Pakistan suspends deportations of Afghans on ‘humanitarian grounds’

ISLAMABAD — Pakistan has halted the expulsion of undocumented migrants from Afghanistan after discussions with the chief of the United Nations refugee agency. 

Filippo Grandi, the U.N. High Commissioner for Refugees, or UNHCR, wrapped up his three-day visit Tuesday and called for “a bolstering of efforts towards longer-term solutions” for Afghans in Pakistan.  

A post-visit UNHCR statement said, “Grandi expressed appreciation that the ‘Illegal Foreigners Repatriation Plan’ had been suspended and sought assurances that it would remain on hold.” 

A senior Pakistani official who was knowledgeable about Grandi’s meetings with leaders in Islamabad confirmed to VOA that Pakistan had halted deportation of Afghans. However, the official did not specify the duration of the suspension. He spoke on condition of anonymity because he was not authorized to speak publicly to the media.  

“Our message to Grandi was that the international community should fulfill its responsibility for the upkeep and repatriation of Afghan refugees. It’s a shared responsibility and shouldn’t be left to Pakistan to lift the entire burden,” the official said. 

The decision to suspend the evictions of Afghans was taken on “humanitarian grounds” because of deteriorating economic and humanitarian conditions facing impoverished, war-ravaged Afghanistan, said Pakistani and U.N. officials.  

During his visit, Grandi met with Prime Minister Shehbaz Sharif and other senior Pakistani officials, and his talks mainly focused on the fate of about 3 million Afghans.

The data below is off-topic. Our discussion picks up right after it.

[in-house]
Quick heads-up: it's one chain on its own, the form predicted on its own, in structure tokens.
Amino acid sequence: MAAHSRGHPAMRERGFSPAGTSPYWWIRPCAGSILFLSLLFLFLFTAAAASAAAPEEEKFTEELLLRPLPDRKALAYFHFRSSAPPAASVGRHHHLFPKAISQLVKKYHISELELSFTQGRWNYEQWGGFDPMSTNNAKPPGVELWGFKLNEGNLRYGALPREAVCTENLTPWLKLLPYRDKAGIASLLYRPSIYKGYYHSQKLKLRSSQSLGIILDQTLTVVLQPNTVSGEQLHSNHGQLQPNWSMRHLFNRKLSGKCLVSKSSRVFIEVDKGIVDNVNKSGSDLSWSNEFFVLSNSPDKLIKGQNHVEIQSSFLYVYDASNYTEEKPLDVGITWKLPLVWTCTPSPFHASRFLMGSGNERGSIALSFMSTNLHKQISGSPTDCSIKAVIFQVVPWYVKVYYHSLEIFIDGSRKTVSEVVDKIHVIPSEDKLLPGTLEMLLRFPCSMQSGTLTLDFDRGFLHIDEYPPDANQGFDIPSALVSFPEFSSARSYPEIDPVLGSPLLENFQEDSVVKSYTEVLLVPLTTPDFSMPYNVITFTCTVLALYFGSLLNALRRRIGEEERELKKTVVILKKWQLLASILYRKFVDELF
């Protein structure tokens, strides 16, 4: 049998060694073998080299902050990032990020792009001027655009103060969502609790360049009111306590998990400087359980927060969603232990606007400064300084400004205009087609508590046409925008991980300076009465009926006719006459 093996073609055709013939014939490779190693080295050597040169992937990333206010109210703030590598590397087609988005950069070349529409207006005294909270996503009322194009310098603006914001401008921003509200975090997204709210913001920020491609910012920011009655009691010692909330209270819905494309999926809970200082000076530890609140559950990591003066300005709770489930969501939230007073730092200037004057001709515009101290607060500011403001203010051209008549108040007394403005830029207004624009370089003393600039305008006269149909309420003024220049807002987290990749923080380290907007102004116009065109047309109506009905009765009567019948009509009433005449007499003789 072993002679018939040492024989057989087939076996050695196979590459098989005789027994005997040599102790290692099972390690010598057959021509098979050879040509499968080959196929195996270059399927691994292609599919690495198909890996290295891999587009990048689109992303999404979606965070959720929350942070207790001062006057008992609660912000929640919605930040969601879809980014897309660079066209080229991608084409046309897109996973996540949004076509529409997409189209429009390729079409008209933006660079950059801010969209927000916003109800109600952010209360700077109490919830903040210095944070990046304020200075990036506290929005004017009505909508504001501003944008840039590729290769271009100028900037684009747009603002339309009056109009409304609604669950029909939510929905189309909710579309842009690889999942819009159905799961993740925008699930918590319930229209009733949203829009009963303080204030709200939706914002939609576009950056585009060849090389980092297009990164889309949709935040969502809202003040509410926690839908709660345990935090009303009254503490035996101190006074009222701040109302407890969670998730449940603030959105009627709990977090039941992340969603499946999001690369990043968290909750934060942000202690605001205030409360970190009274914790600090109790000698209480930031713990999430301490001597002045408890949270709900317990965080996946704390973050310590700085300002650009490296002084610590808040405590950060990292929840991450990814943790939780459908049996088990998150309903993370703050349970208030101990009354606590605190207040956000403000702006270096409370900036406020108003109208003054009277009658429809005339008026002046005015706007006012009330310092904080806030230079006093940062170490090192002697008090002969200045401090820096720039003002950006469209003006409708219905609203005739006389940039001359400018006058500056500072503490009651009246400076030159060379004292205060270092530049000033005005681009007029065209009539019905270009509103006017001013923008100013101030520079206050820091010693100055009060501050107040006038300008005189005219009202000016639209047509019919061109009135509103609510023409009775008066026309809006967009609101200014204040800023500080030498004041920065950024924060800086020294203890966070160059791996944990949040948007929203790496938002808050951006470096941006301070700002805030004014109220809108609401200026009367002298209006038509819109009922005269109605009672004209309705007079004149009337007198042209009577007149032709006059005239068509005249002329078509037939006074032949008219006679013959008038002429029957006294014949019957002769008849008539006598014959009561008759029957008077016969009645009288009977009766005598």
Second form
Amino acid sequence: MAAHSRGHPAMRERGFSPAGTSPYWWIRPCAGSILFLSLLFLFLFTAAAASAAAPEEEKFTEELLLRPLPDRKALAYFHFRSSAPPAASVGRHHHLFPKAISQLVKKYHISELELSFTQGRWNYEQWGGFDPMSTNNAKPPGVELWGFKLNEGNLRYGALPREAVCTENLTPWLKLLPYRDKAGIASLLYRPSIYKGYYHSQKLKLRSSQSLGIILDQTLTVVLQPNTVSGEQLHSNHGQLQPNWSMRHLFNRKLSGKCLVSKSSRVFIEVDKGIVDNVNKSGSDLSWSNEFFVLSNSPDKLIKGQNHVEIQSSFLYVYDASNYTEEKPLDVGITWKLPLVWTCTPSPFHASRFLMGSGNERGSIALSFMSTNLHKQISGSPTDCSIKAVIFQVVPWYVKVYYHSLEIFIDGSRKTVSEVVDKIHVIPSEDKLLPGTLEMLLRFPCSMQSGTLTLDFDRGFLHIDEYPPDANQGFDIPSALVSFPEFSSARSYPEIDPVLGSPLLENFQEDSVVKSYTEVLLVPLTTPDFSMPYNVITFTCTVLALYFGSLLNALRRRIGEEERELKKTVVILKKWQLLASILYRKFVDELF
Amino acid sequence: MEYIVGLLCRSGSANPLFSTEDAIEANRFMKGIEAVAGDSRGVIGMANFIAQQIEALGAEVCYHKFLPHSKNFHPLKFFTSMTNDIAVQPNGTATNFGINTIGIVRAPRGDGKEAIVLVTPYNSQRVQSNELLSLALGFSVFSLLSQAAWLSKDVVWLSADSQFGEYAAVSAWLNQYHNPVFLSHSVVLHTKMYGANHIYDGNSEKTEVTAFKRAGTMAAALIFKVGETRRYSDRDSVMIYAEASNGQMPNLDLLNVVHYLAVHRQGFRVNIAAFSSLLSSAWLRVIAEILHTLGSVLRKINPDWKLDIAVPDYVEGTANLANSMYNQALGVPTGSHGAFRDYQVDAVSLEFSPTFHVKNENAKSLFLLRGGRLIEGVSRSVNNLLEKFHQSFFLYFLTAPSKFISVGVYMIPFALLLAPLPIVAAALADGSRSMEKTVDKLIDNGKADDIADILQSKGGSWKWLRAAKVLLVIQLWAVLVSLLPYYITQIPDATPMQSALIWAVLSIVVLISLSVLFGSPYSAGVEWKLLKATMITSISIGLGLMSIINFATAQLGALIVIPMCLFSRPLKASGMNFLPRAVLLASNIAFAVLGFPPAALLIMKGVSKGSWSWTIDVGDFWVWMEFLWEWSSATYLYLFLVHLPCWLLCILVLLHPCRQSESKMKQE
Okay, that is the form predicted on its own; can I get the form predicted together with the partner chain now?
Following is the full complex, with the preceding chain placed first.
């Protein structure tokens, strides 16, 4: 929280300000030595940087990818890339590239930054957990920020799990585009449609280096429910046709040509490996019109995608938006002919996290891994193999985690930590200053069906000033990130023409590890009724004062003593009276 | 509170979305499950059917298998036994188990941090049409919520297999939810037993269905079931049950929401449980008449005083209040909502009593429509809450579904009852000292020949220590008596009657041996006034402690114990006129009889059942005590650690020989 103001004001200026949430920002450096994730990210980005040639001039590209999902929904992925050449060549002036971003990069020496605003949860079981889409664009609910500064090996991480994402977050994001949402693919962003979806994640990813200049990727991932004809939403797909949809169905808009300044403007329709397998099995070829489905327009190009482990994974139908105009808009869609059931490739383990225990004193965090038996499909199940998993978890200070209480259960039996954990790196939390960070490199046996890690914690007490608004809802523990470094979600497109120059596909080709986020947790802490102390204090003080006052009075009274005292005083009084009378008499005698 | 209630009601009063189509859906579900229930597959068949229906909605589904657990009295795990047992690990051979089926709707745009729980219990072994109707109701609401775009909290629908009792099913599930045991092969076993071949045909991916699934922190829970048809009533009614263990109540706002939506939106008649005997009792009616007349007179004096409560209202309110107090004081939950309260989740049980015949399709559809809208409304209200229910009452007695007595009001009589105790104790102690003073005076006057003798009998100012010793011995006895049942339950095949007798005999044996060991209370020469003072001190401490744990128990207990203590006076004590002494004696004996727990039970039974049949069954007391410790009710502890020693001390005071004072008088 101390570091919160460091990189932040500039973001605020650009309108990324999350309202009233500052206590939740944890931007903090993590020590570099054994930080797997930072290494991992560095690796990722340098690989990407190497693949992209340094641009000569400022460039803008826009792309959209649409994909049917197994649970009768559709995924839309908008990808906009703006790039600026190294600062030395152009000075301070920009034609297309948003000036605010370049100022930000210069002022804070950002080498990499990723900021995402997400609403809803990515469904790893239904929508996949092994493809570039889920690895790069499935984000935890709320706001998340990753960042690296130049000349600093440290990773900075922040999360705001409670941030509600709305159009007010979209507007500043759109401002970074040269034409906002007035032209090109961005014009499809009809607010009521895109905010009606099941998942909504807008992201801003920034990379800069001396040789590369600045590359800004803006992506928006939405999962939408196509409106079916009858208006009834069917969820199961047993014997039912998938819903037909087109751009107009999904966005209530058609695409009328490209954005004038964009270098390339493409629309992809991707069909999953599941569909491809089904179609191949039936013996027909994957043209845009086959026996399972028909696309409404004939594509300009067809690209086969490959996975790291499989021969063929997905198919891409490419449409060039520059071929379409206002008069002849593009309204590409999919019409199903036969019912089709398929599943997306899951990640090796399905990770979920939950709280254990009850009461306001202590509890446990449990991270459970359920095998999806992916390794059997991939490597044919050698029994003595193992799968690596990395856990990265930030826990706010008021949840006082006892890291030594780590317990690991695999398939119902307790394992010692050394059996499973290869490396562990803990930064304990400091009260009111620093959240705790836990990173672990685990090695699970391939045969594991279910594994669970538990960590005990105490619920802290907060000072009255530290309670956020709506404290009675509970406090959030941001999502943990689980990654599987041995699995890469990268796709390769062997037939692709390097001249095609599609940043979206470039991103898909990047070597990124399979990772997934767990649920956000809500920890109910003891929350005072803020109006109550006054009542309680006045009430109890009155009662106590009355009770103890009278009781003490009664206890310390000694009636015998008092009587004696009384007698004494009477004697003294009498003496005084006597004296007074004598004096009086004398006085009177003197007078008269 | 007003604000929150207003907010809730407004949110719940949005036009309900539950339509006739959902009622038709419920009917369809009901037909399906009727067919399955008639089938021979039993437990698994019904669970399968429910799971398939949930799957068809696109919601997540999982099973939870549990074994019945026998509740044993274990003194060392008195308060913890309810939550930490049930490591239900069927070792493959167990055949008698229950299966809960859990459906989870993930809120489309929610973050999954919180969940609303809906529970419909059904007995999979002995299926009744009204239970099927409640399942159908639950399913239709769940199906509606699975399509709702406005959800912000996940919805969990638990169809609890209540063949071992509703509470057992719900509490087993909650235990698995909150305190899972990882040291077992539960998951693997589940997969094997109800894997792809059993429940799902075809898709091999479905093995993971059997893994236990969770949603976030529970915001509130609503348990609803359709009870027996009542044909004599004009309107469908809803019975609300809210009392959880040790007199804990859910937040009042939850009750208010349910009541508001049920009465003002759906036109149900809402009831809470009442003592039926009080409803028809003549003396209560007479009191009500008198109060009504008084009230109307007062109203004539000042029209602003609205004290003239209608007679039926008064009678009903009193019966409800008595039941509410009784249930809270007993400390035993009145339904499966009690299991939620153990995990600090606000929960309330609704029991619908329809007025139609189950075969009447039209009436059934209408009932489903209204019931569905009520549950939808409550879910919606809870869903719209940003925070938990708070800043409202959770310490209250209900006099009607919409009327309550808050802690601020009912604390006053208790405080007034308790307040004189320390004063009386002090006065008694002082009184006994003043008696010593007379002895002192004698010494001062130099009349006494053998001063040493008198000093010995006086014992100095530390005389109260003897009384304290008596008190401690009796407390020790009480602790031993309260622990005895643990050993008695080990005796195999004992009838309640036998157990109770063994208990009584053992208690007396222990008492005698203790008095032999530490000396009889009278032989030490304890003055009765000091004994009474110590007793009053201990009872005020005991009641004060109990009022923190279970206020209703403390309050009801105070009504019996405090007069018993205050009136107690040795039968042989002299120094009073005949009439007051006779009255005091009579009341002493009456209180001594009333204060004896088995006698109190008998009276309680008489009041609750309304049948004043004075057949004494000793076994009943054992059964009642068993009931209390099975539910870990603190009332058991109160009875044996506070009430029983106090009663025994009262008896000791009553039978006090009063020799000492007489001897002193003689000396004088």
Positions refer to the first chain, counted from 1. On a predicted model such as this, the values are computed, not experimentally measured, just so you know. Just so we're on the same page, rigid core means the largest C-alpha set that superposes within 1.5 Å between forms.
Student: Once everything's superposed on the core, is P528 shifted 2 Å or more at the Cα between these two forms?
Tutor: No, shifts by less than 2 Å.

According to Pakistani and U.N. officials, of those, about 1.3 million are officially declared refugees, nearly 900,000 hold Afghan citizenship cards, and the remainder are without documents, or their visas have expired while waiting to seek asylum in third countries after fleeing the August 2021 Taliban takeover of Afghanistan. 

Repatriation action 

Pakistan unleashed a crackdown last November on all foreigners illegally staying in the country, citing a dramatic rise in militant attacks and attributing them to people residing among the refugee populations. The move has largely targeted more than 1 million Afghan migrants and asylum-seekers who lack legal documents or valid visas.  

Pakistani and Afghan officials say close to 600,000 Afghans have been repatriated to their homeland since the deportation campaign started.  

During his stay in Pakistan, Grandi also traveled to Afghan refugee localities in northwestern Khyber Pakhtunkhwa province, including its capital of Peshawar, and met with their representatives. 

“In the meantime, as Pakistan continues to host some 3 million Afghans, all solutions need to be explored in addition to voluntary repatriation, including third-country resettlement and longer-term solutions within Pakistan,” concluded the UNHCR statement. 

Islamabad maintains that anti-Pakistan militant groups entrenched in sanctuaries in Afghanistan have stepped up attacks against Pakistani security forces and civilians since the Taliban returned to power in the neighboring country three years ago.  

Taliban authorities have criticized the expulsion of Afghans from Pakistan and dismissed allegations they are allowing militants to use Afghan soil to threaten neighboring countries and beyond.

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